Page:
One of the biggest challenges to the coworking industry in 2020 is the drastic drop in the number of tenants due to the health risks posed by Covid-19. With the Singaporean government decreeing a nation-wide lockdown in early April, Singaporeans were driven into their homes and coworking spaces struggled to remain relevant during this period. After several months of coping with the pandemic, however, companies and individuals are learning to work around the health threat posed by Covid-19.
After the lockdown was lifted, coworking spaces saw a steady increase in inquiries. In the third quarter of 2020, more and more people were moving back into coworking spaces. Though the initial number of coworking tenants dropped to about 30% in the first half of the year during the earliest stages of the pandemic, the number of coworking tenants has risen to about 70% of the original number near the end of the year (CNA).
5 Reasons Singapore is Seeing A Rising Demand for Co-working Spaces Today
People are looking for flexibility.
There’s a lot of uncertainty surrounding Covid-19. No one knows what will happen to the economy and whether the public health situation will continuously see improvement or suffer another spike in virus cases.
To cope with the growing uncertainty, companies and organisations are looking for flexibility in terms of lease and scalability. Compared to traditional office leases that last at least 2 or 3 years, coworking spaces have shorter contracts. Some of them have year-long leases, but some have quarterly or even monthly terms to better accommodate the situation today. Moreover, coworking spaces are able to scale more easily and cope with changes in a company’s team sizes. Due to new hires or further downsizing, companies are looking for hybrid contracts that would allow them to adjust their office space sizes based on their changing headcount. This is a more cost-effective solution for both landlords and tenants alike.
Companies are using core-flex model.
As companies start to settle into the new normal, many of them are recalling employees from their homes and calling them into collaborative spaces to better facilitate collaborative work. Companies are adopting the core-flex model where part of their labour force works in coworking spaces while the company retains a core office. This strategy allows companies to protect the health of their employees by minimising contact between employees while still allowing those who work together to interact and communicate more easily for better productivity.
Implementing this work setup requires companies to reach out to several coworking spaces to accommodate their teams in various locations.
Many companies are downsizing.
With the sudden outbreak of the Covid-19 virus, many nations had to implement strict lockdown protocols and the economy worldwide suffered greatly. Many companies, especially in the hospitality industry and services sector, had to let go of many of their employees in their struggle to survive.
With so many organisations downsizing, there’s an urgent need for companies to look for alternative workspaces to their traditional offices. Instead of renting smaller offices, companies are turning toward coworking spaces due to their convenience and cost-effectiveness.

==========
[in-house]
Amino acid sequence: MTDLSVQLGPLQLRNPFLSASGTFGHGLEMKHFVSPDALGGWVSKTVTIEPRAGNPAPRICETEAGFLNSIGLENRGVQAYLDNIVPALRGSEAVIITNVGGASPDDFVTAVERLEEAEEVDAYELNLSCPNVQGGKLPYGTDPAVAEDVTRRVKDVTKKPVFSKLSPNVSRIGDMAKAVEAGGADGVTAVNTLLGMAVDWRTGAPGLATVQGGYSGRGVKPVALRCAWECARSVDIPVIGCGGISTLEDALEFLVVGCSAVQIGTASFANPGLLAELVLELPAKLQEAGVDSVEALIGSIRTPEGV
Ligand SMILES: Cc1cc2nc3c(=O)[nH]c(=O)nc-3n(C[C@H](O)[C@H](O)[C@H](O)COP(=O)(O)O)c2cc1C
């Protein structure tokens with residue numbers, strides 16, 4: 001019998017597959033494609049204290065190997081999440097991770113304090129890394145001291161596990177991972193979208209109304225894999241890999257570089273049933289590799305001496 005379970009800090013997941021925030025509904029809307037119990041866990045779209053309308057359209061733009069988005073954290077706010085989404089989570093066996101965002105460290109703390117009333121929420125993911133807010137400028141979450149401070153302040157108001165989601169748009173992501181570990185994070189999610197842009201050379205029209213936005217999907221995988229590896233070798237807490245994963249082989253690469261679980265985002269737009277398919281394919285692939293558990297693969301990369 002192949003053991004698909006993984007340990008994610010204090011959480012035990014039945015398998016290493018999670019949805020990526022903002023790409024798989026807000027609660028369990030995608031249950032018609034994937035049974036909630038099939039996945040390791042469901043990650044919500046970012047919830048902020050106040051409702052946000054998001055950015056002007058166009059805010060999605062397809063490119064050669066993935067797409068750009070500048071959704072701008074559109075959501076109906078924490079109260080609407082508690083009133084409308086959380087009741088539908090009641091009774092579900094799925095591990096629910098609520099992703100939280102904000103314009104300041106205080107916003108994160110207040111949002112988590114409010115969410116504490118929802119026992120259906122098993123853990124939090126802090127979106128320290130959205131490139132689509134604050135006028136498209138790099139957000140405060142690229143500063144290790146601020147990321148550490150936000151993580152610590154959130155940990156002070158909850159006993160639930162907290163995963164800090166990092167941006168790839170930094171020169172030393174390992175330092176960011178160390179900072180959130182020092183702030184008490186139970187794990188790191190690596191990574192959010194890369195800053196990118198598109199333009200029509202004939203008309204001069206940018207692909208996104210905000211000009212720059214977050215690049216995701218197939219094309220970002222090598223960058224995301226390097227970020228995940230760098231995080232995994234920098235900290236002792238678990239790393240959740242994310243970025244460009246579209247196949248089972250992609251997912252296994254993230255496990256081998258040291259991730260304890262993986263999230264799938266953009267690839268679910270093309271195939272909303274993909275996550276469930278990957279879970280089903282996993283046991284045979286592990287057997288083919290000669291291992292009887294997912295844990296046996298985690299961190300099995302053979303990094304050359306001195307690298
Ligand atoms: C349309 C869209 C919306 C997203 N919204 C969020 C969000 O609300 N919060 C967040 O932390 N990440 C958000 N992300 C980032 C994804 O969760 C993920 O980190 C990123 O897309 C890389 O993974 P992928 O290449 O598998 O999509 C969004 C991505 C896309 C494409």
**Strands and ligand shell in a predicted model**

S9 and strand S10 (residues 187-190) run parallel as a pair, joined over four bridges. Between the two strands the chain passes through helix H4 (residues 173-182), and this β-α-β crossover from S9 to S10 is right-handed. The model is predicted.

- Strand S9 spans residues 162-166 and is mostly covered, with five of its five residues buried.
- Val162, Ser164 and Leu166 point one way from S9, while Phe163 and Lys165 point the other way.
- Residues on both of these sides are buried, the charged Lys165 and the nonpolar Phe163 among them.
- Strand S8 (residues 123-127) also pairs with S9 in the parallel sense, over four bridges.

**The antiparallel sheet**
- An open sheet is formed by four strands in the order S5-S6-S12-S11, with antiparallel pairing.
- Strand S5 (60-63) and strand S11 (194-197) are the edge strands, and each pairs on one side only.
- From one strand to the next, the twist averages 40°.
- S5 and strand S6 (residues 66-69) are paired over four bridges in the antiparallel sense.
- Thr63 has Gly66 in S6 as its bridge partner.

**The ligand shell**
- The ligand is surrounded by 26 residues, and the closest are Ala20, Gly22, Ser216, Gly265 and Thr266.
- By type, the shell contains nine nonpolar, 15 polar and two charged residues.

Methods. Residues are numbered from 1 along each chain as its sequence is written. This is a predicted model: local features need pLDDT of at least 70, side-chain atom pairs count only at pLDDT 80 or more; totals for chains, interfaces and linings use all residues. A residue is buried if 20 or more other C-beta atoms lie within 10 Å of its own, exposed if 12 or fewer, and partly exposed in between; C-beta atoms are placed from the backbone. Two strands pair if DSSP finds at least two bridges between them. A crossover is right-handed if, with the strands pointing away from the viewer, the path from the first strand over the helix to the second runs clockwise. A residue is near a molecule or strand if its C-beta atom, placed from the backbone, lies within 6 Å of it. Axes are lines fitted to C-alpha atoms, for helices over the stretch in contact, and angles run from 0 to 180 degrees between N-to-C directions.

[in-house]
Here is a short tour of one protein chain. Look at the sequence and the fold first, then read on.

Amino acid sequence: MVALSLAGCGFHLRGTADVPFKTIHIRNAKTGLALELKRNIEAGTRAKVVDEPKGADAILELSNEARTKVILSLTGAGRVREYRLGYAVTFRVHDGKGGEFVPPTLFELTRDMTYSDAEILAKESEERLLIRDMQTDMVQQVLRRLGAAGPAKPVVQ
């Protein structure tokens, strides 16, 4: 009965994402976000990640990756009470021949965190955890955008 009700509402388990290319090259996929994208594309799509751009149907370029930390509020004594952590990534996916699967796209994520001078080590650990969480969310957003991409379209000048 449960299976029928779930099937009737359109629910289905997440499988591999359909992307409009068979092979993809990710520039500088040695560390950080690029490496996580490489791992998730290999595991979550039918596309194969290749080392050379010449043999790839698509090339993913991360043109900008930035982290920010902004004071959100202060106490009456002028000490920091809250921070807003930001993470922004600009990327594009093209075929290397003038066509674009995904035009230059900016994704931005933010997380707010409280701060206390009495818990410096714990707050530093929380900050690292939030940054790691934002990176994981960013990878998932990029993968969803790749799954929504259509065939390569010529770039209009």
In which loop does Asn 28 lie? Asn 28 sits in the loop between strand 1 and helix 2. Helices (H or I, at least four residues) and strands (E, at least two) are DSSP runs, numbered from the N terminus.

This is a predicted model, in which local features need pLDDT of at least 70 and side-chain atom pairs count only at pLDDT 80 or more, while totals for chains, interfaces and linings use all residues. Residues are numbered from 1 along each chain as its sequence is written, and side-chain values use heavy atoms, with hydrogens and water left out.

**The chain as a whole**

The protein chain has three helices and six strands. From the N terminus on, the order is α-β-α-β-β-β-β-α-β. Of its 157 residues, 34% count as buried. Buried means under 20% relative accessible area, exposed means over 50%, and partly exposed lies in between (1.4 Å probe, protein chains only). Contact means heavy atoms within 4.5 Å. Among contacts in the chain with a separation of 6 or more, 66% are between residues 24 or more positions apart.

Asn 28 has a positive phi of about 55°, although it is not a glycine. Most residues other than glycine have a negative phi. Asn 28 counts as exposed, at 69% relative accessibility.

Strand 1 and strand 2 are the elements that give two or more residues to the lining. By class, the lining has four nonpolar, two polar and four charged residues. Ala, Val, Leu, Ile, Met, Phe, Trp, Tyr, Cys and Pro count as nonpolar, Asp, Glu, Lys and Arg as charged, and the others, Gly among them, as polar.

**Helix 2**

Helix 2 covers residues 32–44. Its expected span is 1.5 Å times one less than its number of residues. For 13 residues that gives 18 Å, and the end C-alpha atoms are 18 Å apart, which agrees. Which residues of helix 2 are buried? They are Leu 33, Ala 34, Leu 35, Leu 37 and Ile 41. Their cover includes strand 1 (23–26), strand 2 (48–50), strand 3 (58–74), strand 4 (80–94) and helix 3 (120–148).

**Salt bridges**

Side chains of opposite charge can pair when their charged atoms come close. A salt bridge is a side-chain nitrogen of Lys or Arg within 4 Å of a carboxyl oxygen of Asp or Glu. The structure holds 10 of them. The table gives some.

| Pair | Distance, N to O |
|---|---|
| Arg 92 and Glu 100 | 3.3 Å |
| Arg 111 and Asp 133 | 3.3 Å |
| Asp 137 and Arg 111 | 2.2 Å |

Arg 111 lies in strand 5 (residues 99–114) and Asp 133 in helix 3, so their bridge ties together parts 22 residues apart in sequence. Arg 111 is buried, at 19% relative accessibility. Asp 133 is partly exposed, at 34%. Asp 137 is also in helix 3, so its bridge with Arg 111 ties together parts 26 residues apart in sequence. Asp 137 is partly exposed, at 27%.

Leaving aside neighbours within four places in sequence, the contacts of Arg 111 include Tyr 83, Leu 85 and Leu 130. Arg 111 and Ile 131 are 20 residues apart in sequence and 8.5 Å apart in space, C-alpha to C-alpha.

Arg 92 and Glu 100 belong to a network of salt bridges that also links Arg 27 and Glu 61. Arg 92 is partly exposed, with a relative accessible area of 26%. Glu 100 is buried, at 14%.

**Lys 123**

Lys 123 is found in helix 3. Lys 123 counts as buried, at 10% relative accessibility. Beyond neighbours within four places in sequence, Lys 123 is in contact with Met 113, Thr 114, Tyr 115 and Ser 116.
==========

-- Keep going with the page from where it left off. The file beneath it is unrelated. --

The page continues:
Companies are looking for more affordable options and coworking spaces are readily available for organisations who are looking for an immediate solution to house their smaller teams. Companies no longer have to worry about furnishing and maintaining their offices; amenities are also provided for and in various locations that are more convenient for their workers.
The work-from-home setup has limitations.
Many workers, individual professionals, and entrepreneurs who were driven to work from home since Covid-19 broke out are beginning to realize the limitations of their work from home setup. Though working from home is a great solution for a limited time, it does put stress on one’s lifestyle.
Without a designated work environment that is separate from one’s home, the boundaries between work and everything else blurs. People are finding themselves more exhausted, their productivity lowered, and some are suffering from burnout after months of experiencing this.
As a result, many are turning towards coworking spaces as a compromise between the office and home. Renting coworking spaces is more affordable and convenient than going into the office like before the pandemic. At the same time, coworking spaces allow you to set clear boundaries between work and life, which improves your productivity and mental health.
Coworking spaces have adapted to the pandemic.
After months of adjusting to the restrictions brought forth by Covid-19, most industries, the coworking industry included, have adopted strategies to let them cope with the virus and operate safely.
Many coworking spaces installed physical barriers and shields to limit possible contamination between individuals. Others are utilising technology for better contact tracing and to minimise touchpoints and possible cross-contamination.
These measures have made it possible for tenants to move back into coworking spaces with the assurance that they are not risking their health.
General Manager for APAC
Bachelor of Commerce, ANU
Enterprise APAC region sales (Singapore, Australia, Malaysia, Hong Kong, Philippines, Indonesia and Thailand). Expertise in property tech and coworking. Ander’s enjoys sharing his journeys and experiences in commercial property, lean startup, training, operations and general management. Connect with Anders on social media.